Palestine-Israel is not unique in its complexity or controversy. And while most topics and issues are framed as complex and controversial for the sake of commencing a deepened entry into the topic, exploring its many dimensions, the statement that the issue of Palestine and Israel “is complex and controversial” serves instead as an end to the conversation. When it comes to Palestine, this statement is almost never the beginning of a quest for more knowledge and better learning. Rather, this statement is the extent of the learning process. It puts a stop to it. It ends the conversation by declaring a non-position on the matter.

When politicians, executives, journalists, academics, etc, proclaim this statement, their intended goal is for the question of Palestine to go away, to be removed off their desk. Why? In many cases, because they are afraid of the consequences that I have outlined above. This is what everyone admits and knows in private conversations, but almost never openly acknowledges. Therefore, what actually drives this non-positionality is the very fear that most people deny having.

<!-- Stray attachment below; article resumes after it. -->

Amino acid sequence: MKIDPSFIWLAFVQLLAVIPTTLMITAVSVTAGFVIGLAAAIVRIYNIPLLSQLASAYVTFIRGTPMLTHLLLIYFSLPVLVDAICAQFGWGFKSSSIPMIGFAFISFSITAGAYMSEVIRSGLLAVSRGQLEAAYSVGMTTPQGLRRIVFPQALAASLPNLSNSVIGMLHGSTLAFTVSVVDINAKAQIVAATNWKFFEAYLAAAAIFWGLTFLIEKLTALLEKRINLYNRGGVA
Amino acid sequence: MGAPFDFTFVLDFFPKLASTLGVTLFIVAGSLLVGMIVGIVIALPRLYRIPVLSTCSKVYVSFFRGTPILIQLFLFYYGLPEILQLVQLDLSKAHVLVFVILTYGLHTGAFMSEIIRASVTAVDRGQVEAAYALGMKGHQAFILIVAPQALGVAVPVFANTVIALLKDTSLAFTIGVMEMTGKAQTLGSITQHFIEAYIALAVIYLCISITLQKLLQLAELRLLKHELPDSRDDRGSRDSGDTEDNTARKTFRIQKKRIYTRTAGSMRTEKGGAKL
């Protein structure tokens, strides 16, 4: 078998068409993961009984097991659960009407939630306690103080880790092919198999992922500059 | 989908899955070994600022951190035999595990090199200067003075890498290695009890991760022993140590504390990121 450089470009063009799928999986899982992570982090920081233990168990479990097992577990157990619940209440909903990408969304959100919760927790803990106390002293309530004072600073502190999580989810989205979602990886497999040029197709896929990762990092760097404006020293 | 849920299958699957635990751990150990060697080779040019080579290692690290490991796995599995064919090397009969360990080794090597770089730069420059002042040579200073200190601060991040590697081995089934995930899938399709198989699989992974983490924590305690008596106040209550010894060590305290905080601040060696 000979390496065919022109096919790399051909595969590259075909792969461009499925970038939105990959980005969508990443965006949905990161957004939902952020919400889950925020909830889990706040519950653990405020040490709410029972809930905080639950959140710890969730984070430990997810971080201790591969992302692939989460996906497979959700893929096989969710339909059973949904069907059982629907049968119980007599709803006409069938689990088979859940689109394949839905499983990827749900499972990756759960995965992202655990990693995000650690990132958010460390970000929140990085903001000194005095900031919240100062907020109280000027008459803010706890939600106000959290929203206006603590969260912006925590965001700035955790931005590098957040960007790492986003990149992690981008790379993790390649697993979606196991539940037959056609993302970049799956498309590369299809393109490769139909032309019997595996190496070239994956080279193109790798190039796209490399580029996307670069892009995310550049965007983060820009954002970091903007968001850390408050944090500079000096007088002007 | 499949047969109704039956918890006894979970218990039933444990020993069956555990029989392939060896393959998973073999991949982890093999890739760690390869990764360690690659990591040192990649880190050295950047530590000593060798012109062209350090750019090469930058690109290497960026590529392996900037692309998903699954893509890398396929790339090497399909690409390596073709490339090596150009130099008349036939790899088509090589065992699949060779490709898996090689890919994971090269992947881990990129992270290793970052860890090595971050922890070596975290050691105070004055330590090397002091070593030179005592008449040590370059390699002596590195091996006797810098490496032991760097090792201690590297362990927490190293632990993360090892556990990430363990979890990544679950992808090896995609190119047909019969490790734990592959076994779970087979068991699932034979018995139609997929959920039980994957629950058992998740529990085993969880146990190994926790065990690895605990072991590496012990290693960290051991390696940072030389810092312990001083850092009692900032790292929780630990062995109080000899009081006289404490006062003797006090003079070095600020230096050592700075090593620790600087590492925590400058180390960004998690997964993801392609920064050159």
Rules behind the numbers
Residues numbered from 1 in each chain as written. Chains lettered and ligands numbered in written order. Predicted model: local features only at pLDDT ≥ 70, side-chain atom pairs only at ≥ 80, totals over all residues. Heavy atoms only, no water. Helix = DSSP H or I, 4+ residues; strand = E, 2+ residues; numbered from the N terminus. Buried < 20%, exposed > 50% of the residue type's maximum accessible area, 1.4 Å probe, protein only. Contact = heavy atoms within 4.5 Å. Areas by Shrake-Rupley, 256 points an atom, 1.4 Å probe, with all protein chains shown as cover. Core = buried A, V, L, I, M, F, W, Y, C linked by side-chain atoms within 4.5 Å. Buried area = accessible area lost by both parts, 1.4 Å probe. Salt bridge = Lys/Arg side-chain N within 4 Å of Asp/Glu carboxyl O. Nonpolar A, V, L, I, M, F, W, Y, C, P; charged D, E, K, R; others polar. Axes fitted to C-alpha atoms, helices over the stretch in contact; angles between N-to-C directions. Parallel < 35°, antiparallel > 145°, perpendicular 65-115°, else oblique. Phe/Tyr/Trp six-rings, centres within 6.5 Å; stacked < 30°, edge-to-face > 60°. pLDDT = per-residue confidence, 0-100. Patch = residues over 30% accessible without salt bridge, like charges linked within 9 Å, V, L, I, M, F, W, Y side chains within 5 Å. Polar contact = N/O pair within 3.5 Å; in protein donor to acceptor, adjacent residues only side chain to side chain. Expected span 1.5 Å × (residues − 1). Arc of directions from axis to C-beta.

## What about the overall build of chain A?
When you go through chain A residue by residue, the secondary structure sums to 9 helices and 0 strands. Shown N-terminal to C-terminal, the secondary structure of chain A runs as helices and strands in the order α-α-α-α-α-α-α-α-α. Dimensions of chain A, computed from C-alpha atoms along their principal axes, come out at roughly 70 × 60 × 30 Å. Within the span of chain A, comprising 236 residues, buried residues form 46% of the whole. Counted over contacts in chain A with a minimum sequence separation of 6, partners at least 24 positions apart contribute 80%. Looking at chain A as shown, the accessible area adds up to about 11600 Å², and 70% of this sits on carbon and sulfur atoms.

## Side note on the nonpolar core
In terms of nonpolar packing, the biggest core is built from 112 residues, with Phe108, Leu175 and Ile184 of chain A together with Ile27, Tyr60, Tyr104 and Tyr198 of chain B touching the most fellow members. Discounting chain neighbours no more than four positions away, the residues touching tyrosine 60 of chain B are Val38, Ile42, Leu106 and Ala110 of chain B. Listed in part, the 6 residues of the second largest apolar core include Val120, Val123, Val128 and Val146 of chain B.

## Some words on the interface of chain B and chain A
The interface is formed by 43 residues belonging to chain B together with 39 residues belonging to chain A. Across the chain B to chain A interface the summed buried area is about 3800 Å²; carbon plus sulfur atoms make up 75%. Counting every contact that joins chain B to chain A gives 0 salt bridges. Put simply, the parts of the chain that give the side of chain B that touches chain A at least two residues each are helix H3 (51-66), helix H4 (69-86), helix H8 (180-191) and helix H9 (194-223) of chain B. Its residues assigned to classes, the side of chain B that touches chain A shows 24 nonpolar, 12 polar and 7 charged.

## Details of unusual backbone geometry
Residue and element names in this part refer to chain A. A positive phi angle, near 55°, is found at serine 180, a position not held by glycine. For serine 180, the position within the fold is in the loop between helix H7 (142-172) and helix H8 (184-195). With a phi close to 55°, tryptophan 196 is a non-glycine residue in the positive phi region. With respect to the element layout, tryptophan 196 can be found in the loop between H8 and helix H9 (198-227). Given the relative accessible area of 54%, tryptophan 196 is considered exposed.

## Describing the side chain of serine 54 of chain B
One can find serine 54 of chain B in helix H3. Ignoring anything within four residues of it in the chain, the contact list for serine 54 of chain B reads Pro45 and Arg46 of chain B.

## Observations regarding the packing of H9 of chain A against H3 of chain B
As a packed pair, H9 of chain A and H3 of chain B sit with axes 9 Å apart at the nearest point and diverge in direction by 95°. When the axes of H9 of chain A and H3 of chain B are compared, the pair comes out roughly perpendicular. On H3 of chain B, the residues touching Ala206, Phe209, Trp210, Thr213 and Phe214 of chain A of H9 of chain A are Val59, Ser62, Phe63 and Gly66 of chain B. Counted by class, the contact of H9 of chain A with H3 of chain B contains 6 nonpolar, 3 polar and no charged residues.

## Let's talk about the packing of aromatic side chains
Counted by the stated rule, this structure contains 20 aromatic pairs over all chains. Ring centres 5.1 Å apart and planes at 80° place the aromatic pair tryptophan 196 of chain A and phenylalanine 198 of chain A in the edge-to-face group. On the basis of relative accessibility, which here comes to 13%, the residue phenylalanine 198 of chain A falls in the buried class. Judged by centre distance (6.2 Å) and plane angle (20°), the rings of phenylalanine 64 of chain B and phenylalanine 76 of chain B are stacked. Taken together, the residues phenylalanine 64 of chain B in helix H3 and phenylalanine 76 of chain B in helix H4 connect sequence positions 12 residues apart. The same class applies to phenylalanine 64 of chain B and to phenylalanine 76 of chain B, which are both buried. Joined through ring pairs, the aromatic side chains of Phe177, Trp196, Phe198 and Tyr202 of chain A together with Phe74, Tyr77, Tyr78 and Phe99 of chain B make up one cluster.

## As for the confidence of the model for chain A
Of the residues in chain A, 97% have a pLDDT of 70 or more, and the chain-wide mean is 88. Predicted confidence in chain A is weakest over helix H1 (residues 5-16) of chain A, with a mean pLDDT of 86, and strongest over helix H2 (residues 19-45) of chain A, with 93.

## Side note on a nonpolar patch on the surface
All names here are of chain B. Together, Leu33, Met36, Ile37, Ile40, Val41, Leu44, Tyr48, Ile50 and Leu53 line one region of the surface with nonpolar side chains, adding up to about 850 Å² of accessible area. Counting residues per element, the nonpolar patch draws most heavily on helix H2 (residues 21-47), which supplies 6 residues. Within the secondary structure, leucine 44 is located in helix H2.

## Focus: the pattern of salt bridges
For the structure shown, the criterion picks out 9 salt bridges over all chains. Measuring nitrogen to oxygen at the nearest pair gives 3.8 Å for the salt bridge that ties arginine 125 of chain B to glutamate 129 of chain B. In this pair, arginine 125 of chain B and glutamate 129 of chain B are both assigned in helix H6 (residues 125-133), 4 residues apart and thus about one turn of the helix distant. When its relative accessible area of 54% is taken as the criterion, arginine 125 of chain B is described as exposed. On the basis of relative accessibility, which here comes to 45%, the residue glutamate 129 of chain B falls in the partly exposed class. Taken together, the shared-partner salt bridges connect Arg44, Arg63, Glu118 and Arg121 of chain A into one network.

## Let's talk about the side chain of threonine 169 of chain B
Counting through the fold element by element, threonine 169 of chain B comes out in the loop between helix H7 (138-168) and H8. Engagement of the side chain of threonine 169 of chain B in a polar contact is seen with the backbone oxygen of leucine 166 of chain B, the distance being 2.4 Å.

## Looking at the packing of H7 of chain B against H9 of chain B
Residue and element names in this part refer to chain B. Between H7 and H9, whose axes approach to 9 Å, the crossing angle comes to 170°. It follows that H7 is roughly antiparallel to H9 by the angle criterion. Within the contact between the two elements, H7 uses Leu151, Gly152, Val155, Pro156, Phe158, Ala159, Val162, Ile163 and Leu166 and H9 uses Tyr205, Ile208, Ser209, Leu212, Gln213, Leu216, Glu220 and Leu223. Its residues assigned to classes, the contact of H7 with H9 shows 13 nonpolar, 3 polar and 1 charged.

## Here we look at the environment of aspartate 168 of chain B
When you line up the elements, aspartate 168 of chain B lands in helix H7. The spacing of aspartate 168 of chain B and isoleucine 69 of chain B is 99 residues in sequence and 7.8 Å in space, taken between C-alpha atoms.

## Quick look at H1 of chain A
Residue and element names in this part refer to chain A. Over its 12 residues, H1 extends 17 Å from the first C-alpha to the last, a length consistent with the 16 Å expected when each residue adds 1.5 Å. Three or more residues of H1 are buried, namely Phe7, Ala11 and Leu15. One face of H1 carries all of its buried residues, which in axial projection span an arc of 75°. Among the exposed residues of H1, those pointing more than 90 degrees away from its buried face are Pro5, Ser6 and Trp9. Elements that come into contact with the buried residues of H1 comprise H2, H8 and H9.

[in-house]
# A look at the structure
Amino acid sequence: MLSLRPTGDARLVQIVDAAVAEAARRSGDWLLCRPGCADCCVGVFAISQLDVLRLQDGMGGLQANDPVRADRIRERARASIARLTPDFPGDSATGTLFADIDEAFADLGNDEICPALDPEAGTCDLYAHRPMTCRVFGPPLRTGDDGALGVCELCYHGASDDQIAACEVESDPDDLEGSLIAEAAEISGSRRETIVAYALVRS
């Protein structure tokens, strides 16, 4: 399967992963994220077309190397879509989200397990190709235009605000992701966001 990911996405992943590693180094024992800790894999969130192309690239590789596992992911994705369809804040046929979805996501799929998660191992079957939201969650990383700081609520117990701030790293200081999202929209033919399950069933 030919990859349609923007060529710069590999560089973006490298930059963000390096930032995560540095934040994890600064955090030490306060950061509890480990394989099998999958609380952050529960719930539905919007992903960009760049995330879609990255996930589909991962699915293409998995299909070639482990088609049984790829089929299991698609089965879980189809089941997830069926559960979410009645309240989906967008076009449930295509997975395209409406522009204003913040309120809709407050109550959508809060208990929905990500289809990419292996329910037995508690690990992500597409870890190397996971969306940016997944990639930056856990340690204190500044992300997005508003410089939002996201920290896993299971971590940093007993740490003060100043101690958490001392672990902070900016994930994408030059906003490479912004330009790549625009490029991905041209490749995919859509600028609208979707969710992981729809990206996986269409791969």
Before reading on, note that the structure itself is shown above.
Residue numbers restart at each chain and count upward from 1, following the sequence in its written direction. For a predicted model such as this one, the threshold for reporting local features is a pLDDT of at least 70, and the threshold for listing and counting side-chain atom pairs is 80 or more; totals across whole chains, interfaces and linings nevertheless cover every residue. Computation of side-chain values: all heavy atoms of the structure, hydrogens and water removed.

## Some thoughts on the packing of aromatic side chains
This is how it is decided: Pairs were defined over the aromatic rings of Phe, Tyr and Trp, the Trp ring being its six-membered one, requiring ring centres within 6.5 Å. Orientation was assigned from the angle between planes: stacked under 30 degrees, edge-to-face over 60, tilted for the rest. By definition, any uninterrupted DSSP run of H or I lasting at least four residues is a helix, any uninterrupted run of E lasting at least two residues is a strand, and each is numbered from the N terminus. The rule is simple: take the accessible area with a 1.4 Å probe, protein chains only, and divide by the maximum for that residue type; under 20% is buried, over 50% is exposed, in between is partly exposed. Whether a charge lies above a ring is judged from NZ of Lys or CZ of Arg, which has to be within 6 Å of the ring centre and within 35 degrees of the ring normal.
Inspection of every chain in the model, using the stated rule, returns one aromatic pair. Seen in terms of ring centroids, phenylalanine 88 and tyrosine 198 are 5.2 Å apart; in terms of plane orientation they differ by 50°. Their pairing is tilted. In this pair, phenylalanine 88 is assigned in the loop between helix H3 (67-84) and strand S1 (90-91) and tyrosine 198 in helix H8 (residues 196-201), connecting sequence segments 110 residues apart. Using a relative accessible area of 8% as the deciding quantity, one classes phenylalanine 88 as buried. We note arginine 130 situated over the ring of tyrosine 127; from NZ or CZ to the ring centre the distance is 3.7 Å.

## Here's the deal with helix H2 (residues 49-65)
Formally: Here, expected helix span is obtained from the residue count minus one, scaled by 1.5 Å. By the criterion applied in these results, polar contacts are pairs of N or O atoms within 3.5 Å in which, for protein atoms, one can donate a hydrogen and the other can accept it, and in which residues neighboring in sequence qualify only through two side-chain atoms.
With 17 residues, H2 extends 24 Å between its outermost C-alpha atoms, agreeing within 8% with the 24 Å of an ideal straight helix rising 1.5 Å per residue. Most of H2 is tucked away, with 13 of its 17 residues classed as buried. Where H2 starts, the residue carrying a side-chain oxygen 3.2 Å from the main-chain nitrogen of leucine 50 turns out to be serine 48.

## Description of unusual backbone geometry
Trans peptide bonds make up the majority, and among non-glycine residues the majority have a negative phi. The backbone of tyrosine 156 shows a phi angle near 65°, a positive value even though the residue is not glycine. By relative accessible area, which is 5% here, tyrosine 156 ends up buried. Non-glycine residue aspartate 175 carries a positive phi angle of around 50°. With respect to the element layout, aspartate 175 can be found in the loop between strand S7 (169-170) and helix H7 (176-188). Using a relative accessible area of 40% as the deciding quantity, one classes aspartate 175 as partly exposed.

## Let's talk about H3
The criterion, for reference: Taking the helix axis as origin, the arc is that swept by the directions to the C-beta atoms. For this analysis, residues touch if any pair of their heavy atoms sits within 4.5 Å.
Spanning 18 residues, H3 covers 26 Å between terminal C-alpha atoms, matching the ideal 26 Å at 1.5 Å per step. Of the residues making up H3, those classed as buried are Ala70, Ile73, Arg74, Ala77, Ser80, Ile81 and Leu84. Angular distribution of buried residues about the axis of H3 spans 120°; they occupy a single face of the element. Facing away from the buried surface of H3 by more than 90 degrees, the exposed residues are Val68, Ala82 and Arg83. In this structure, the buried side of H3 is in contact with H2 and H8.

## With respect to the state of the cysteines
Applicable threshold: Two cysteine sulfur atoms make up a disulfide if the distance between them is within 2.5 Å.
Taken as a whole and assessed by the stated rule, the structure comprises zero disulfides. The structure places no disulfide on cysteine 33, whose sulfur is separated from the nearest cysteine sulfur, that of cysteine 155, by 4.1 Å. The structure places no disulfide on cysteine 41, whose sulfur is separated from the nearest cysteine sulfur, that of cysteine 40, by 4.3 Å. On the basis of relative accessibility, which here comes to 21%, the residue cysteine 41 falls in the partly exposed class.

The non-positionality of the statement, “it is complex and controversial”, is far from neutral. This statement indeed maintains the status quo by ensuring the continued toxification of Palestine and Palestinians in Euro-American public discourse.

Israeli propagandists are the only beneficiaries of a statement that posits for itself a non-position. Because non-positions are always ultimately concealment of reality. When you declare that you will not take a position, when you end the conversation because something is controversial and complex, you are declaring that the reality of the situation is hopelessly and infinitely indecipherable. You are declaring that you do not know what position to take because nobody knows the reality of the situation.